Bee Boxes Set up…waiting for bees.

Yes its true, I thought of myself as NOT a very good beekeeper.  I was finally willing to admit I had failed miserable and it was time to admit defeat.  (which if you know me , you know is very hard for me to do!)

Lucky for me, I have a dear friend Dee who introduced me to a local beekeeper that was willing to help me and encouraged me to continue on!  She came out last fall inspected my current hive and said she would come in the spring, set up some new hives and that it wasn’t my fault I was failing.  I thought she was just being nice.  “No” she said “really you just have the wrong equipment, once we set you up you will find success, I promise!”  I felt a glimmer of hope, but still had my doubts.

(Here is my remaining hive with a guard dog 🙂 )

  My Beekeeper guru is Liz and she keeps bees at several sites around the area.  What I really like about Liz is her approach to keeping bees is very relaxed and open.  She is willing to try something as long as it’s not going to hurt the bees.  She also is willing to work a little harder to make the hive healthier for the bees so that no pesticides are used.

Which it seems was one of the reasons I kept failing.  In the beginning of me Beekeeping career I had several beekeepers come out and help me get started, but their philosophy was treat the bees with pesticides to kill the mites that attach the bees, kill any hives that get infected and mass produce as much honey at the bees expense as you can.

Well that didn’t jive with me, I  believed that bees have been running the show for thousands of years- they know whats best and putting chemicals in is not the answer.  So, I refused to treat the bees and I have had two of my three hives die out, most likely from mites.

So what is Liz’s thinking on why the bees are dying from mites,etc?  When you set up your first hive you order pre made starter comb that is stamped out by a machine.  The size of each individual octagon in the comb is larger than what a honey bee in the wild would make it.  Why do the bee companies make the shape larger?  Because their thinking was when the queen lays the larvae and it hatches the bee that is born is a larger bee.  Therefore the bee can carry more pollen, and produce more honey.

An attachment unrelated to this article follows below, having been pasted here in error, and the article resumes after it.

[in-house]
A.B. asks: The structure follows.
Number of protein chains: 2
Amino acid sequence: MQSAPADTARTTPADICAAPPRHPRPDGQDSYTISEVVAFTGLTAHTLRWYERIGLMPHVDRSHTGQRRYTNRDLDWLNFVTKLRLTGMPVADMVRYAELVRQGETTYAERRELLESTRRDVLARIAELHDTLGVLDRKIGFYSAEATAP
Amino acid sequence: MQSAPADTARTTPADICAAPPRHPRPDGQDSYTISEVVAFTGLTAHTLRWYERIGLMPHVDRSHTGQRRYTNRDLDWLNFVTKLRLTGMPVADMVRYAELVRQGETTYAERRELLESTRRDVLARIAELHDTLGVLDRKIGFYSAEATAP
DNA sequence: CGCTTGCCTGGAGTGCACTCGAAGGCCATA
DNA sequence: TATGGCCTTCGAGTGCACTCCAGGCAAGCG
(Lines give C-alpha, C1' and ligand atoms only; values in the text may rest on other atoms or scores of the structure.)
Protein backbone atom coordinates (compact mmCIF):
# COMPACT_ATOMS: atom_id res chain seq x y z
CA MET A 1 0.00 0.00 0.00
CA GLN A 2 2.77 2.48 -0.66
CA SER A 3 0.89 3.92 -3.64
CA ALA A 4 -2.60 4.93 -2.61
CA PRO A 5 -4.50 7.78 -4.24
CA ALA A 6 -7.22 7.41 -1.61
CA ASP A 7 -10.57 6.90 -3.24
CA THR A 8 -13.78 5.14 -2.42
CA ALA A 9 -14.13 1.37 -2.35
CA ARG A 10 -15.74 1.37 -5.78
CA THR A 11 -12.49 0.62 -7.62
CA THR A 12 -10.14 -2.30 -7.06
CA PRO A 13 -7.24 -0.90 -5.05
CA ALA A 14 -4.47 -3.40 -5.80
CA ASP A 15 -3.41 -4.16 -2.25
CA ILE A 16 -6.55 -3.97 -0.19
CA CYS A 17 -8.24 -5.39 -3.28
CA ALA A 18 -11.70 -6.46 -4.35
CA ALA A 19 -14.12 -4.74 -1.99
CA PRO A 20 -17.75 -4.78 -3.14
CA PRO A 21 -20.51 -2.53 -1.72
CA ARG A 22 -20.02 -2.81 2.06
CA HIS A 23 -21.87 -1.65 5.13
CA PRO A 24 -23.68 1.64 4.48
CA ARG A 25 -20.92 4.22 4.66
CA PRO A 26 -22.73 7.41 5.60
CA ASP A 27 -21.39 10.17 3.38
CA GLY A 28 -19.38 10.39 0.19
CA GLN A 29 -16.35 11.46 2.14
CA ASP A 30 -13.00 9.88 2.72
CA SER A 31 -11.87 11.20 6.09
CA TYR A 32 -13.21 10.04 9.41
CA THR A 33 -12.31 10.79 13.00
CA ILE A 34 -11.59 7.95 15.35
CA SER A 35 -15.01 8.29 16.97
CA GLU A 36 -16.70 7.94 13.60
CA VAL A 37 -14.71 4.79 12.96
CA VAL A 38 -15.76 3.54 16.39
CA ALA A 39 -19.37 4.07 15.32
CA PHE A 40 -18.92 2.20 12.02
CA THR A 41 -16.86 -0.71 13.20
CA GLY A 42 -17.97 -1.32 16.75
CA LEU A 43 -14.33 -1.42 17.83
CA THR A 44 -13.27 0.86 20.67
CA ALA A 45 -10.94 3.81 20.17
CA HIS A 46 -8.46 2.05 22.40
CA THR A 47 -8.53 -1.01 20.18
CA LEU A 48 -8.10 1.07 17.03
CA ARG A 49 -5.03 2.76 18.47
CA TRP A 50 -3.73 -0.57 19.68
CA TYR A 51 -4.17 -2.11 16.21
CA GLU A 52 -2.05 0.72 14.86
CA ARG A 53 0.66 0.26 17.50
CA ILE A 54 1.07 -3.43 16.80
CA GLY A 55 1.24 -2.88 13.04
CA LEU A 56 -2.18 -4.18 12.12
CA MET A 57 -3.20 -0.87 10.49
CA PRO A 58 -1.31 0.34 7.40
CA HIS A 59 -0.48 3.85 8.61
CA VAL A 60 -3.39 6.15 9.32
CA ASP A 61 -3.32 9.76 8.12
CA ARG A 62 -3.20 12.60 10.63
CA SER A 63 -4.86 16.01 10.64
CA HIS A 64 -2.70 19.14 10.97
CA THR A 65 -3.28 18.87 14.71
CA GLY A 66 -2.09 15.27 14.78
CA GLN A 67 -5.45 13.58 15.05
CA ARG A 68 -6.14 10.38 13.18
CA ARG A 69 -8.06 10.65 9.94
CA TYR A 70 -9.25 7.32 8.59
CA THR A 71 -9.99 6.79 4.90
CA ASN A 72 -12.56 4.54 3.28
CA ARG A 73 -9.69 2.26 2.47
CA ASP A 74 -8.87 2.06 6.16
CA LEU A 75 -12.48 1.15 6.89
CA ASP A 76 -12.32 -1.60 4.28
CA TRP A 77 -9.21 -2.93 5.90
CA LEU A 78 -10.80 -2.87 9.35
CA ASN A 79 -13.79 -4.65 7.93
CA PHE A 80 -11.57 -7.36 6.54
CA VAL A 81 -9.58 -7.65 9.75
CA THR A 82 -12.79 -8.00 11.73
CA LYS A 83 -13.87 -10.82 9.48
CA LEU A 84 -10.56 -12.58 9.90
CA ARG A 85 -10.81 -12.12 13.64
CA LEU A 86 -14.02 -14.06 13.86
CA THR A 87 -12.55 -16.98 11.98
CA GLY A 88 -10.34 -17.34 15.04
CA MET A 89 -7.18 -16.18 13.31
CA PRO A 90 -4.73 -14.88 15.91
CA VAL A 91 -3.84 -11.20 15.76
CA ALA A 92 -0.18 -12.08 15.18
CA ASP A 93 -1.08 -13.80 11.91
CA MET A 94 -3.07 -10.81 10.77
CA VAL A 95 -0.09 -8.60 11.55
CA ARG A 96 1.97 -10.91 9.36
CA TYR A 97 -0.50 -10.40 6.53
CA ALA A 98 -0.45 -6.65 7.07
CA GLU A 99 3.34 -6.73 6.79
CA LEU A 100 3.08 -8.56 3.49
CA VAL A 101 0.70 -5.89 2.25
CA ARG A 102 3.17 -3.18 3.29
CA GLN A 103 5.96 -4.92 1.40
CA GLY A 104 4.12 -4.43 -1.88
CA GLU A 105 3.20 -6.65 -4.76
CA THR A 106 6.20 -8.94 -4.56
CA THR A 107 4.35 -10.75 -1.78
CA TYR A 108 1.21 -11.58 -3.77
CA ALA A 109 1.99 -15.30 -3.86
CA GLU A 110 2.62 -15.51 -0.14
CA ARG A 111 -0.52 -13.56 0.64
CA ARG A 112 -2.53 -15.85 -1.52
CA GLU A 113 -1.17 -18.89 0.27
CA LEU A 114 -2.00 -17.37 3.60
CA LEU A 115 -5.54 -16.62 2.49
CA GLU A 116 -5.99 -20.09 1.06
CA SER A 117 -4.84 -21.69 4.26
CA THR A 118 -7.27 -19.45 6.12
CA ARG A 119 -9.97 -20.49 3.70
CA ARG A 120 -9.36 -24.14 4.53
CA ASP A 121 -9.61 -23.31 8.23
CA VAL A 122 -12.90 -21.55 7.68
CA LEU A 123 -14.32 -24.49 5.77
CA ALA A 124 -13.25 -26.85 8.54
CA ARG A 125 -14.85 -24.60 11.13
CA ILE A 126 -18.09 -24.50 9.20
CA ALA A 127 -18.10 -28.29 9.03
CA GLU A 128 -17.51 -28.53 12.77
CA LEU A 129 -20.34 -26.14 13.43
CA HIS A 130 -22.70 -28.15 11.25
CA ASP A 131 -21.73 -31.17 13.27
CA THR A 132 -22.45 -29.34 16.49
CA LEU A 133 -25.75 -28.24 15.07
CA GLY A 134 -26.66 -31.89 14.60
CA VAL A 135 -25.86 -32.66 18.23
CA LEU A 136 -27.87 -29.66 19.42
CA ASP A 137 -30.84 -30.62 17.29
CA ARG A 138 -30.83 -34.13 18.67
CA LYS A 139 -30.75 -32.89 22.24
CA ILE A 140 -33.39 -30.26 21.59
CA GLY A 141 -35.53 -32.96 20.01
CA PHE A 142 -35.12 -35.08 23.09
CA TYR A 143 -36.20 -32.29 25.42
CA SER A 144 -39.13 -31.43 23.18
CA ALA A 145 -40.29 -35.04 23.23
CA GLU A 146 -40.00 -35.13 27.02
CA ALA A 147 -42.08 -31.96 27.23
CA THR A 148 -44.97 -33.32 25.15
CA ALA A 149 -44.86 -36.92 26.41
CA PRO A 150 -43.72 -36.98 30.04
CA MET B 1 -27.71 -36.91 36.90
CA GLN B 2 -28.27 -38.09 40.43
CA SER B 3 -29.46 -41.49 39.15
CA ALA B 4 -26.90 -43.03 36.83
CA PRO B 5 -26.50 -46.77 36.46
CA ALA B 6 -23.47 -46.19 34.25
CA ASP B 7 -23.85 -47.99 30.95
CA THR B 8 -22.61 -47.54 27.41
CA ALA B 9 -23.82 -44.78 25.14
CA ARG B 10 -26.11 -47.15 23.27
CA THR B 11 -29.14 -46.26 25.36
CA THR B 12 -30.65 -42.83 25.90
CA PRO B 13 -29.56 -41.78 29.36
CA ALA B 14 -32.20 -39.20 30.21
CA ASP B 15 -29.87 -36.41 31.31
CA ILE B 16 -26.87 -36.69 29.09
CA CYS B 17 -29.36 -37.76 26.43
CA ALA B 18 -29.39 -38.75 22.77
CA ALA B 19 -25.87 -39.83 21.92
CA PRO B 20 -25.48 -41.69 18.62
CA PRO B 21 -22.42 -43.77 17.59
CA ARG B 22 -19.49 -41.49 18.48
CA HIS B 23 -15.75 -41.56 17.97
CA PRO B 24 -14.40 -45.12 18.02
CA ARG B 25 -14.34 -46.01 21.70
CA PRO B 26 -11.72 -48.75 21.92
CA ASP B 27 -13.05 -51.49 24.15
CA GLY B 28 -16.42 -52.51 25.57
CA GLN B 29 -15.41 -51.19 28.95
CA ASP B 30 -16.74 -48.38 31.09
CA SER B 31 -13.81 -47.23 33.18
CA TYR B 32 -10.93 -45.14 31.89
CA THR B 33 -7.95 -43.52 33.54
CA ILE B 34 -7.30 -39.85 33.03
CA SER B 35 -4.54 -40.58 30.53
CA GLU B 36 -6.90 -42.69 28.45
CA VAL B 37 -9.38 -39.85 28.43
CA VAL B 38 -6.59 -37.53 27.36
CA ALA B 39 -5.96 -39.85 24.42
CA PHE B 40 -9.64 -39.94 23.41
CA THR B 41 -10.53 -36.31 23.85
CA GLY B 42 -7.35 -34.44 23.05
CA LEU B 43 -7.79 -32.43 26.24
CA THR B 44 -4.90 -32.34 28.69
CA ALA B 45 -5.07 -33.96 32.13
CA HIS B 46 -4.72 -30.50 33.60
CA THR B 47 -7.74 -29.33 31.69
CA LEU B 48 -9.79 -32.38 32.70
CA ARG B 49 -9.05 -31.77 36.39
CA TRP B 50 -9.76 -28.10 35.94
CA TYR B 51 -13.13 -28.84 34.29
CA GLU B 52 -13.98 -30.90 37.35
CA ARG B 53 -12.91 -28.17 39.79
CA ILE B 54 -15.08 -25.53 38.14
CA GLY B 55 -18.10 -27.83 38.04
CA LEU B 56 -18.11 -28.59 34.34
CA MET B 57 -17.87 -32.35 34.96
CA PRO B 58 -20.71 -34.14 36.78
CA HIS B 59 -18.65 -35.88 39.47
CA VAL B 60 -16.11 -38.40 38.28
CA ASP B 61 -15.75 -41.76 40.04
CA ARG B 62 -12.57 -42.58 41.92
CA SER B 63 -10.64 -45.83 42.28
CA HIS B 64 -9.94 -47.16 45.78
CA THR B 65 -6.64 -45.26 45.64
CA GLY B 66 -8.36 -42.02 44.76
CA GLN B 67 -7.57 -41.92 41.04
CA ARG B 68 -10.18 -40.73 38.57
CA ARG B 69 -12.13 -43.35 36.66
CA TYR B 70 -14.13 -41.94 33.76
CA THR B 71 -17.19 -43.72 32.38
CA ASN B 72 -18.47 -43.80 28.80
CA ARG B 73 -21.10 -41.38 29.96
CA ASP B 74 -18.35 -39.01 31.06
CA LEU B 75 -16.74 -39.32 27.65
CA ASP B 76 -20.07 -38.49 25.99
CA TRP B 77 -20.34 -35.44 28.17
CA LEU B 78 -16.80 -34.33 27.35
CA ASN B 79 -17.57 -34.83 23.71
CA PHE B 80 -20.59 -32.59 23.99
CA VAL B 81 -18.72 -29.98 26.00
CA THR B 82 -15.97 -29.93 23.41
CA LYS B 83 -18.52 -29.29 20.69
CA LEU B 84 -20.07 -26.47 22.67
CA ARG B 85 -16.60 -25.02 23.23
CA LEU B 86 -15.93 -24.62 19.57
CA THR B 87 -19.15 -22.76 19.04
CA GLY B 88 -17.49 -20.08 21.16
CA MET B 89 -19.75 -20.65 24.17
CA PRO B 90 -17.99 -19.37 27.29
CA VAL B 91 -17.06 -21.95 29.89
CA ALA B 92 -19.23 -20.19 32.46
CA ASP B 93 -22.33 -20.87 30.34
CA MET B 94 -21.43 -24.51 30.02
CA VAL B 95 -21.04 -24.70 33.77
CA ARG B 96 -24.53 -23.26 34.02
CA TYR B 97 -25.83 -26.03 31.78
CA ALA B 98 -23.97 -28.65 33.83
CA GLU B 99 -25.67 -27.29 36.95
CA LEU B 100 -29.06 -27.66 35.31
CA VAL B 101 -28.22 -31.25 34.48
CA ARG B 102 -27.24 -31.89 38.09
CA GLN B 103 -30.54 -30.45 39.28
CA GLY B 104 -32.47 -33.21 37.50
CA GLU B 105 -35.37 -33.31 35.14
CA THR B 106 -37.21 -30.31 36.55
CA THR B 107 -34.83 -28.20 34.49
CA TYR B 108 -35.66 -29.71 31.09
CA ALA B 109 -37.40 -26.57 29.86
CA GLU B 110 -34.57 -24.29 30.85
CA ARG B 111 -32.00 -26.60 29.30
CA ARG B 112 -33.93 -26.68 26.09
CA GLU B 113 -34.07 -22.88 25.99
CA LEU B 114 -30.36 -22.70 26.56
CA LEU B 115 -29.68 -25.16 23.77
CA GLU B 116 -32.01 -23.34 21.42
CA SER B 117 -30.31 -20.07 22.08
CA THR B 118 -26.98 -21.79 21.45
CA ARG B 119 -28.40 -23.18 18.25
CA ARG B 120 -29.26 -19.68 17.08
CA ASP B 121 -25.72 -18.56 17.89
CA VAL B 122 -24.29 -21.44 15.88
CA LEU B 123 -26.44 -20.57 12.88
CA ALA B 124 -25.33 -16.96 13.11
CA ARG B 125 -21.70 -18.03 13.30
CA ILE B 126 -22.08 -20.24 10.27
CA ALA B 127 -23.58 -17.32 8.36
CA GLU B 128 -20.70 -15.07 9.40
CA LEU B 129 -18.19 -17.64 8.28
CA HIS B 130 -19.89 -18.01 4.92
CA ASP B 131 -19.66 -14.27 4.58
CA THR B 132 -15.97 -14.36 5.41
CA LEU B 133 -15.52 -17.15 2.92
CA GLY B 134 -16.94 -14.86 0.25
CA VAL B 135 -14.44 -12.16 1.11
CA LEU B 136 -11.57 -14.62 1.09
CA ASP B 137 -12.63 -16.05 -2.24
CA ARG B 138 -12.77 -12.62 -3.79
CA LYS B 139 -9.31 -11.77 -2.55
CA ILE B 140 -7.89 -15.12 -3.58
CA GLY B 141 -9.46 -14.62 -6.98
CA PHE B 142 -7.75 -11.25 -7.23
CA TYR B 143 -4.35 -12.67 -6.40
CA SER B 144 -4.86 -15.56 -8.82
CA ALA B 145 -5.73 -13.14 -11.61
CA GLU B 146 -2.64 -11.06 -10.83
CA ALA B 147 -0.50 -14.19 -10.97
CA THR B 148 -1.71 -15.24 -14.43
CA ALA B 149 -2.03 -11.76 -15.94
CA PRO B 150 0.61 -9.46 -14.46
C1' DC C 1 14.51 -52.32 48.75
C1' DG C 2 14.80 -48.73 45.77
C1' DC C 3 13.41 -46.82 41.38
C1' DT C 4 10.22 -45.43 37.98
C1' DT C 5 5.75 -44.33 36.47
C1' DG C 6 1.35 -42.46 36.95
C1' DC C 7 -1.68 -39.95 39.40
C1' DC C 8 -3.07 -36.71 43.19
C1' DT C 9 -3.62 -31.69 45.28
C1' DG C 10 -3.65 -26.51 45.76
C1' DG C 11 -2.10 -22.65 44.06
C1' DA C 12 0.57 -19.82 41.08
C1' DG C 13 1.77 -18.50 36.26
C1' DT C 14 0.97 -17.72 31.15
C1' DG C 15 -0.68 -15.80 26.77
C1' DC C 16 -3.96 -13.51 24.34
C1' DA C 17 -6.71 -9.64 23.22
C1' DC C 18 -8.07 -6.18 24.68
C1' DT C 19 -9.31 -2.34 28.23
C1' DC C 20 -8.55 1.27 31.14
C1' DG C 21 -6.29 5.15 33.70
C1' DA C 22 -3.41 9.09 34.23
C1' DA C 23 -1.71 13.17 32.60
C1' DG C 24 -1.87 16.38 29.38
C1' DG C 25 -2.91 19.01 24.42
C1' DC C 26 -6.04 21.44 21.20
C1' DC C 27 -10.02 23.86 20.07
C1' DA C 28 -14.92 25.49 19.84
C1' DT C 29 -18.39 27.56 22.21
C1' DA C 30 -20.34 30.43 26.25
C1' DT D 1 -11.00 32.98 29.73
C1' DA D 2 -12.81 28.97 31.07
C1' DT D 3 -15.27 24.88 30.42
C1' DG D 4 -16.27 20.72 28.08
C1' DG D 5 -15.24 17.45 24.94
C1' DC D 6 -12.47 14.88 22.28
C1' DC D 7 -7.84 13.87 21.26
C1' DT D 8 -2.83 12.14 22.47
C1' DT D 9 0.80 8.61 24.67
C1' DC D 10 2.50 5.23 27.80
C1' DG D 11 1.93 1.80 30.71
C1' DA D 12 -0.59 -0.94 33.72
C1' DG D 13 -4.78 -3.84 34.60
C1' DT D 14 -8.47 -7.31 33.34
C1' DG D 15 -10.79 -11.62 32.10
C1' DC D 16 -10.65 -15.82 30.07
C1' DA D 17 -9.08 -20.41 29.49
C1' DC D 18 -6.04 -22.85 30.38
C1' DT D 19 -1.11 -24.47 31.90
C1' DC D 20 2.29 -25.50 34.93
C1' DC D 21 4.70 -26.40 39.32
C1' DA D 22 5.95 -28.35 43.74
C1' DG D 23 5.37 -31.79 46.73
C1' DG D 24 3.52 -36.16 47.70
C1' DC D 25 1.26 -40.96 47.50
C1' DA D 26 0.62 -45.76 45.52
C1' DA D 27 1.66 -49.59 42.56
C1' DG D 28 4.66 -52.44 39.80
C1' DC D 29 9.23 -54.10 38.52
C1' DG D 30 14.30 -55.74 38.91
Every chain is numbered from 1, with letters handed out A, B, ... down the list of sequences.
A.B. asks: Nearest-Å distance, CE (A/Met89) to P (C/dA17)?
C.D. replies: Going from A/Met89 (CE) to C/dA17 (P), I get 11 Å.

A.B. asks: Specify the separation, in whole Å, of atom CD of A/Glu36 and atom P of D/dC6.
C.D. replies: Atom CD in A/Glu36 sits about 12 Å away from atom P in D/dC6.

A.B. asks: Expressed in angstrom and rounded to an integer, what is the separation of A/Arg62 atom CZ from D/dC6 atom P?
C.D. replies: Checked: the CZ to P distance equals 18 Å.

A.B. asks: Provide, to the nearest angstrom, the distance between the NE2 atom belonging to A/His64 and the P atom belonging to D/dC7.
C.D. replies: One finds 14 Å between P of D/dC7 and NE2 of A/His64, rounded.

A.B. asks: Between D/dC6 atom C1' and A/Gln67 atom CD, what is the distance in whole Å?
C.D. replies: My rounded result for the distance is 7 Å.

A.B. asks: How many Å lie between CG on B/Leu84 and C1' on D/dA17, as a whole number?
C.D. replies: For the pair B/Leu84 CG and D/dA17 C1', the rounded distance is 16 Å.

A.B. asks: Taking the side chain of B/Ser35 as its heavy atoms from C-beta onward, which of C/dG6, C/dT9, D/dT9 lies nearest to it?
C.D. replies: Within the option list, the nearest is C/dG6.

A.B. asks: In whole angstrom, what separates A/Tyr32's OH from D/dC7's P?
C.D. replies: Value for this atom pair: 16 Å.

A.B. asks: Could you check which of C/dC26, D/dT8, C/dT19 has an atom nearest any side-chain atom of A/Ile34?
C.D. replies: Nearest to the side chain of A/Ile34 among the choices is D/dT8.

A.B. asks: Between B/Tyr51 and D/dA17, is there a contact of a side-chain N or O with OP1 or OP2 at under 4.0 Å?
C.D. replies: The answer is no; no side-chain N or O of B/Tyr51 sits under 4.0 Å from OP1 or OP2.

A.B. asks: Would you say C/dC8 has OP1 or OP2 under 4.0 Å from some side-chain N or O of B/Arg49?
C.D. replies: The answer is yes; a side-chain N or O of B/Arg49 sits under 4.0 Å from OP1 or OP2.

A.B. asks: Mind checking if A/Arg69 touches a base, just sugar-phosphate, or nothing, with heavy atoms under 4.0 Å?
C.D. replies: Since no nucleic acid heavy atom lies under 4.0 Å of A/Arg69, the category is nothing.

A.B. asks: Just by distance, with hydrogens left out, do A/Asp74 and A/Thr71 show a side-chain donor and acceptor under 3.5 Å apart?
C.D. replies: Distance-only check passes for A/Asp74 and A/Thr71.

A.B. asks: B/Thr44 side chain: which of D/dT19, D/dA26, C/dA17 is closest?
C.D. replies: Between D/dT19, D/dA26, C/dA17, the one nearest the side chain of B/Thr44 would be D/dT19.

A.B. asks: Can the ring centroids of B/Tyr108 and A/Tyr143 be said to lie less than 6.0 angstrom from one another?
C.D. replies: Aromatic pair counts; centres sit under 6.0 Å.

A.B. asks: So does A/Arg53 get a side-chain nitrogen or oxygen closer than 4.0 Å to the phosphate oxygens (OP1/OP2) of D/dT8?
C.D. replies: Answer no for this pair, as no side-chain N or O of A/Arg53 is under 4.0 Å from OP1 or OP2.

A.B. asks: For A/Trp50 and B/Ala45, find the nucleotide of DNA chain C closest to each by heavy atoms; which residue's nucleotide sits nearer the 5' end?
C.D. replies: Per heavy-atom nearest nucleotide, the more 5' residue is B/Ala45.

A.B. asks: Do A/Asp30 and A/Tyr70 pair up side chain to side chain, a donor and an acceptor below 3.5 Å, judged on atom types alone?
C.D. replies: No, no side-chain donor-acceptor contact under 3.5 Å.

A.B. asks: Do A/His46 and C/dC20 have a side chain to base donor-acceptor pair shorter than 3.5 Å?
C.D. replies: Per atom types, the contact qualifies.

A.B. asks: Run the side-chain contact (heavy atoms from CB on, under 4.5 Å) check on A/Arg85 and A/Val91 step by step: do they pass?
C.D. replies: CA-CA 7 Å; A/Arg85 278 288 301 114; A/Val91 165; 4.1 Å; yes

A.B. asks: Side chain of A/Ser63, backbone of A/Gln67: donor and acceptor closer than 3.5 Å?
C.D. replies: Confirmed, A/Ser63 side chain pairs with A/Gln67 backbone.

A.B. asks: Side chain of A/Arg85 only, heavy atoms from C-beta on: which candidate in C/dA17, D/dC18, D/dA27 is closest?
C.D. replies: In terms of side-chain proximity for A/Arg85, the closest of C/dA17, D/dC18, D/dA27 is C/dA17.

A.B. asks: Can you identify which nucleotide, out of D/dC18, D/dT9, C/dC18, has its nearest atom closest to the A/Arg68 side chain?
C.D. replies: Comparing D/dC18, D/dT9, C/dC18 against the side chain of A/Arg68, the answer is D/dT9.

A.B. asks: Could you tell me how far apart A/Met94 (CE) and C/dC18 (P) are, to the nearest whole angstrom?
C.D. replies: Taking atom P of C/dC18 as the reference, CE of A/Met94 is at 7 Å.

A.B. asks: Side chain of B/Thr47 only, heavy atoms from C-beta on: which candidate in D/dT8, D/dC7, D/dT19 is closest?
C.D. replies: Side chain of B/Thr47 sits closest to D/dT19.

Smart right?


Liz informed me that when the bigger bee is born it is covered in an exoskeleton made from small, movable plates of chitin.  Well because the bee is bigger there is more space in these movable plates of chitin and a perfect pathway for mites to enter and attack the bees skeleton and killing them.

DUH- how simple is that!

So, Liz uses plastic pre starter comb that is made smaller.  But, here is the catch.  The bees you order (yes, you order bees, usually from Georgia)  are large style bees.  But, here is where you trust your bees to fix it.  When the queen lays in the smaller starter comb, the larvae hatches earlier and you get your smaller bees!  TA-DA!

Now there is more to this story about why we will take out the plastic starter comb and allow the new smaller bees to make their own, but that is for another time!

For now, we have set up the boxes.  We set next to my hive on two 4 x 4 and leveled them with shimmies.  So the new homes are sitting empty waiting for the brood.

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Categories: Backyard Honey Bees

Author:Amy Stafford

I am the author, photographer and creator behind the blog A Healthy Life For Me. I am a food and fitness nut who loves Crossfit, Chocolate and Organic Gardening.

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2 Comments on “Bee Boxes Set up…waiting for bees.”

  1. cincystone
    March 30, 2012 at 3:05 pm #

    Who knew?! Interesting stuff–I knew you and Liz would like each other!


  1. Bees Arrived! | A HEALTHY LIFE - April 14, 2012

    […] Bee Boxes Set up…waiting for bees. ( […]

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